Chinese Ministry of Commerce Slams U.S. Steel Tariffs

U.S. efforts to protect its steel industry will not solve the sector’s fundamental problems, which stem from “past protectionist measures,” China’s Ministry of Commerce said on Saturday.

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The comments were posted on the ministry’s website following a decision on Friday by the U.S. International Trade Commission to continue probing imports of certain steel products from 12 countries, including China and Korea.

U.S. Crude oil reserves unexpectedly jumped this week and major miners and trying to move older assets but can’t close deals because of cleanup costs.

Crude Oil Reserves Rise

U.S. crude oil stockpiles rose unexpectedly last week even as gasoline and distillate inventories fell more than expected, data from the Energy Information Administration showed on Wednesday.

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Crude inventories rose 1.3 million barrels in the week to May 13, compared with analysts’ expectations for a decrease of 2.8 million barrels and a 1.1 million-barrel drawdown reported on Tuesday by the American Petroleum Institute.

Miners Can’t Afford to Older Pits

Major miners are trying to avoid hundreds of millions of dollars in closure costs by selling off pits, as cash is tight due to a prolonged commodities price slump, but the crippling cost of environmental rehabilitation is making it tough to seal deals.

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Where mine sales have gone ahead, production is being prolonged, adding to oversupply in depressed markets, like coal.

Oil prices gained further traction this week as prices climbed above $48 a barrel, the highest level in eight months. Goldman Sachs said in a report on Monday that the oil market has gone from nearing storage saturation to being in deficit much earlier than the bank expected, adding that the global oil market likely shifted into a deficit in May.

Oil prices acting strong although they could meet resistance near $50

Oil prices acting strong although they could meet resistance near $50. Source: @StockCharts.com.

Goldman Sachs gave a bearish forecast just a few months ago, some other banks even predicted oil prices as low as $10/barrel this year. So, why were these predictions so off?

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The answer is simple: predicting what the price of an asset will be in the future is not possible. Well, it’s as possible as winning in the roulette game, you need a bit of luck, but you can’t do it with consistency. A smarter way to look at the markets is to forget about predictions, have a strategy with rules and react to present information.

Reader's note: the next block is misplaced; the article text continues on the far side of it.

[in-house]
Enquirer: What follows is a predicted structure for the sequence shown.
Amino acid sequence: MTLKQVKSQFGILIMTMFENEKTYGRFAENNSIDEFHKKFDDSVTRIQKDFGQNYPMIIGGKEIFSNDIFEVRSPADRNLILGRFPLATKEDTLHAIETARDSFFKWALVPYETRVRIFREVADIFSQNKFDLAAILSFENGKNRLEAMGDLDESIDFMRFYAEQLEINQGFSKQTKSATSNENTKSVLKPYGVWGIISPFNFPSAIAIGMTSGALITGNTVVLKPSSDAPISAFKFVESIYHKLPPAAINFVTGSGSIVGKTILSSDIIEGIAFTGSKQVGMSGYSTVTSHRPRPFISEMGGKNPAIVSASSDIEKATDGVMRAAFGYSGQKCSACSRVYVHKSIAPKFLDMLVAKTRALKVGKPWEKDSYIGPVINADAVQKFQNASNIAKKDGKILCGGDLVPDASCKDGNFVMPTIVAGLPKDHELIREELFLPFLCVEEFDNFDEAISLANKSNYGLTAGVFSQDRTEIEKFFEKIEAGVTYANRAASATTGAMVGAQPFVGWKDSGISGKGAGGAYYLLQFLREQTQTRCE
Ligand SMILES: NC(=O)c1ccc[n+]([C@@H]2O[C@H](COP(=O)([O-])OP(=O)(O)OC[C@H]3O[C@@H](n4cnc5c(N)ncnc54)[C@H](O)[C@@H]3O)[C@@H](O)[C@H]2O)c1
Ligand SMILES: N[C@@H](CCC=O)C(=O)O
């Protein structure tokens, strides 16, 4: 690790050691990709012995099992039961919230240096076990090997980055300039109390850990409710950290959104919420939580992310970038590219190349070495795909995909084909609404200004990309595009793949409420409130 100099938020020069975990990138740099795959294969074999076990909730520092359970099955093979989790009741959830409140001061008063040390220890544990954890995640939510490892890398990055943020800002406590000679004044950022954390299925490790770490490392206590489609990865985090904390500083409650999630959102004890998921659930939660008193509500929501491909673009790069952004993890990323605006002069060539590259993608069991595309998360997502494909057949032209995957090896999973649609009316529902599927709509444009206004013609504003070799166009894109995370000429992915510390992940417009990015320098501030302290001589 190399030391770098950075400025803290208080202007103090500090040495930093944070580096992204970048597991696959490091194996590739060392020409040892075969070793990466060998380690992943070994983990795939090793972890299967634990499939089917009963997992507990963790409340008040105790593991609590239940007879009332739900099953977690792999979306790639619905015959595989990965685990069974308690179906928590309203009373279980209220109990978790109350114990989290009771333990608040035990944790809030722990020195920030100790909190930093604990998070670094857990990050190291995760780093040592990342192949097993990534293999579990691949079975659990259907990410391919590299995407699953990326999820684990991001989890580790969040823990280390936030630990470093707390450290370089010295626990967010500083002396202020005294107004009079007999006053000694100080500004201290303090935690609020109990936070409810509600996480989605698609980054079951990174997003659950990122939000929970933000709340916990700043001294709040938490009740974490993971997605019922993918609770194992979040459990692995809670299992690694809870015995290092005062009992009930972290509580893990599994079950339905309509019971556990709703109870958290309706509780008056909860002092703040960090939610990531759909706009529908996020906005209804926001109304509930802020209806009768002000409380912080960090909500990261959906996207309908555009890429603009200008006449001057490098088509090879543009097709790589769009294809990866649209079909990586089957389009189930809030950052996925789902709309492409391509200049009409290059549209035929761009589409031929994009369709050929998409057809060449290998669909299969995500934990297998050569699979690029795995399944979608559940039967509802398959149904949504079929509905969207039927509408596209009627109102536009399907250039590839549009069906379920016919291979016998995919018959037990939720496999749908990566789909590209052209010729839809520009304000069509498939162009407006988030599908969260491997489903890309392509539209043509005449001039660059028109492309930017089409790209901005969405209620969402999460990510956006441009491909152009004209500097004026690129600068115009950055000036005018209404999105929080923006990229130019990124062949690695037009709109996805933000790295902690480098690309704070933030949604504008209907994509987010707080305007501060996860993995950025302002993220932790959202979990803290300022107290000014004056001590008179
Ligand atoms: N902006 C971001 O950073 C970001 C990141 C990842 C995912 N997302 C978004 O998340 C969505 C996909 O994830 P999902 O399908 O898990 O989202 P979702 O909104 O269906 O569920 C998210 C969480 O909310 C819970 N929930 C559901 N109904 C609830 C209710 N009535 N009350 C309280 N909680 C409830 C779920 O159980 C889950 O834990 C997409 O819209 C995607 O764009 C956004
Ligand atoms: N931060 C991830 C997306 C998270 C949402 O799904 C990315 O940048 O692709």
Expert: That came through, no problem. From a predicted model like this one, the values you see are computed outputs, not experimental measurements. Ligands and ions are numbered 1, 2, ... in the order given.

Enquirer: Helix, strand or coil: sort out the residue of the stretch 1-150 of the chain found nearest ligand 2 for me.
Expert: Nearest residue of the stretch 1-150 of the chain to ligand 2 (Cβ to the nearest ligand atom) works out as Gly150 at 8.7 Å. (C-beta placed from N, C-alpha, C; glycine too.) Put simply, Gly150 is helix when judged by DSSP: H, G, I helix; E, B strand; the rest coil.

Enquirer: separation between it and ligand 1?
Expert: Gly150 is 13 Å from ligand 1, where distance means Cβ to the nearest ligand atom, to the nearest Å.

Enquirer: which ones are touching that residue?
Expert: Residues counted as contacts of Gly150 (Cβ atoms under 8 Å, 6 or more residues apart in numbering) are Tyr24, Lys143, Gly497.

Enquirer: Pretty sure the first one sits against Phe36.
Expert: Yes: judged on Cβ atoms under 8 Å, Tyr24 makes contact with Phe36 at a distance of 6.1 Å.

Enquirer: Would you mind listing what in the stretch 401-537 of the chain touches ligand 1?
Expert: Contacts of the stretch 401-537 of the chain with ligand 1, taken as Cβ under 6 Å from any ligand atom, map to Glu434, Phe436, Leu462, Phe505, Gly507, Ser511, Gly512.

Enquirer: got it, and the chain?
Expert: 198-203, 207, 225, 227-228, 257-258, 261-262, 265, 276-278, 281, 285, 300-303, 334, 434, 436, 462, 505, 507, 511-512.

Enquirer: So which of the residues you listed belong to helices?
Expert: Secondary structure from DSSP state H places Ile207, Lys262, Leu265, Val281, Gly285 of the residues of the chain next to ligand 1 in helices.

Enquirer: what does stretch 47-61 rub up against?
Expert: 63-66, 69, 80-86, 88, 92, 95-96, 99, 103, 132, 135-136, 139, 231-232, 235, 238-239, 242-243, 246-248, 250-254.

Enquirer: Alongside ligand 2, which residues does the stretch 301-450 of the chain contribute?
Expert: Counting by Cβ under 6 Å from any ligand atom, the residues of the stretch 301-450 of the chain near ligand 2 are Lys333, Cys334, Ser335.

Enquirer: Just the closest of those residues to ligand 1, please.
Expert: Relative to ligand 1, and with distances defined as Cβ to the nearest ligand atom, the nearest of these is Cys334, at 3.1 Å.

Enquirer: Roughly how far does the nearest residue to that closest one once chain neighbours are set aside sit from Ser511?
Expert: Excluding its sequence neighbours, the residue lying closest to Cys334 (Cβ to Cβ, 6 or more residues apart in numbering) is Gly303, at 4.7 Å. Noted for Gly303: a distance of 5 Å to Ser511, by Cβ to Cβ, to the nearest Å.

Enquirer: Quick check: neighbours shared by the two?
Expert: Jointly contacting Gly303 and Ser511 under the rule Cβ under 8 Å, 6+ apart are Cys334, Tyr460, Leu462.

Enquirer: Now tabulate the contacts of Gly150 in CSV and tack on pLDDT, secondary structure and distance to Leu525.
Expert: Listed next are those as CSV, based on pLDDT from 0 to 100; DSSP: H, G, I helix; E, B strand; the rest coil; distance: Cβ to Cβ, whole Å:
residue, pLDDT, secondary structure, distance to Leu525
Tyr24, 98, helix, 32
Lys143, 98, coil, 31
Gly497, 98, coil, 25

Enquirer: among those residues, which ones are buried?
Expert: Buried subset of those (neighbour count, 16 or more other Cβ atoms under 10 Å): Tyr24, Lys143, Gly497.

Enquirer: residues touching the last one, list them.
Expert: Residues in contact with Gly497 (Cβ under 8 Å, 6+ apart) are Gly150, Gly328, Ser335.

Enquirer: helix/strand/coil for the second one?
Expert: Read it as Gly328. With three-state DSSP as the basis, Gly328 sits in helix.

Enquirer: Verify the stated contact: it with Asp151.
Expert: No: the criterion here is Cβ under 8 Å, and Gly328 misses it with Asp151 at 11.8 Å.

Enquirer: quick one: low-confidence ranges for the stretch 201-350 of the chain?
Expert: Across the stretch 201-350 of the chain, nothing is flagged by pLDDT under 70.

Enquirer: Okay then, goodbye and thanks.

Right or wrong, Wall Street needs its prophets. They perpetuate the myth that there is somehow a way to predict the market every time. I guess individuals need these predictions to take less responsibility for their own investment decisions. At the end of the day, you wouldn’t feel too stupid if the expert was wrong too.

Market Shifting Into Deficit

Although there is still plenty of oil in the market, most analysts agree that the world’s crude oversupply is slipping into a deficit as the oversupply has narrowed in recent weeks thanks to supply outages in Nigeria, Canada and elsewhere combined with stronger than expected demand.

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Oil prices are acting strong and we previously noticed that the Doha meeting marked an inflection point. The failed Doha meeting is an indication of how strong market sentiments currently are. On another day, this failure to reach a production cut deal between major energy producers would have translated into a big sell-off.

More Bankruptcies

Another factor supporting oil prices is the number of bankruptcies we are witnessing in recent months. Last Sunday, Breitburn Energy Partners LP filed for bankruptcy and just a day after SandRidge Energy Inc. became the latest oil and gas company to file for bankruptcy after joining a growing list of producers that weren’t able to survive long enough to enjoy the recent rebound in oil. Sandridge was founded by former Chesapeake Energy co-founder Tom Ward who was eventually forced out of both companies.

Despite the rally this year, most industry analysts agree that oil prices remain too low for many producers to make money, so expect widespread pain in the U.S. oil industry and elsewhere to continue. In theory, this is also a good indicator that oil prices might have hit a floor this year.

The Outlook

Despite the more bullish forecast from Goldman Sachs, the bank sees a surplus again in the first half of 2017 due to returning output from Nigeria and rising production in Iran and Iraq, among other reasons. That’s a prediction, sure, but we’ll stick with what we witness right now: Oil prices are acting strong, supported by a more positive sentiment on commodity markets. On top of that we have a weakening dollar, which is bullish for oil and other commodities.

The situation could reverse, but right now there is no reason not to take this rally seriously. Oil prices might need to consolidate/pull-back after rising for three consecutive months but they could continue to climb during the rest of the year which would favor higher metal prices, too. Oil prices climbing above $50/barrel would be a signal that this uptrend is due to continue.

Architecture billings are up, a good sign for the consumption of construction metals here in the U.S., while the American Petroleum Institute has some problems with the new EPA proposed ethanol standards.

Architecture Billings Rate of Gain Declines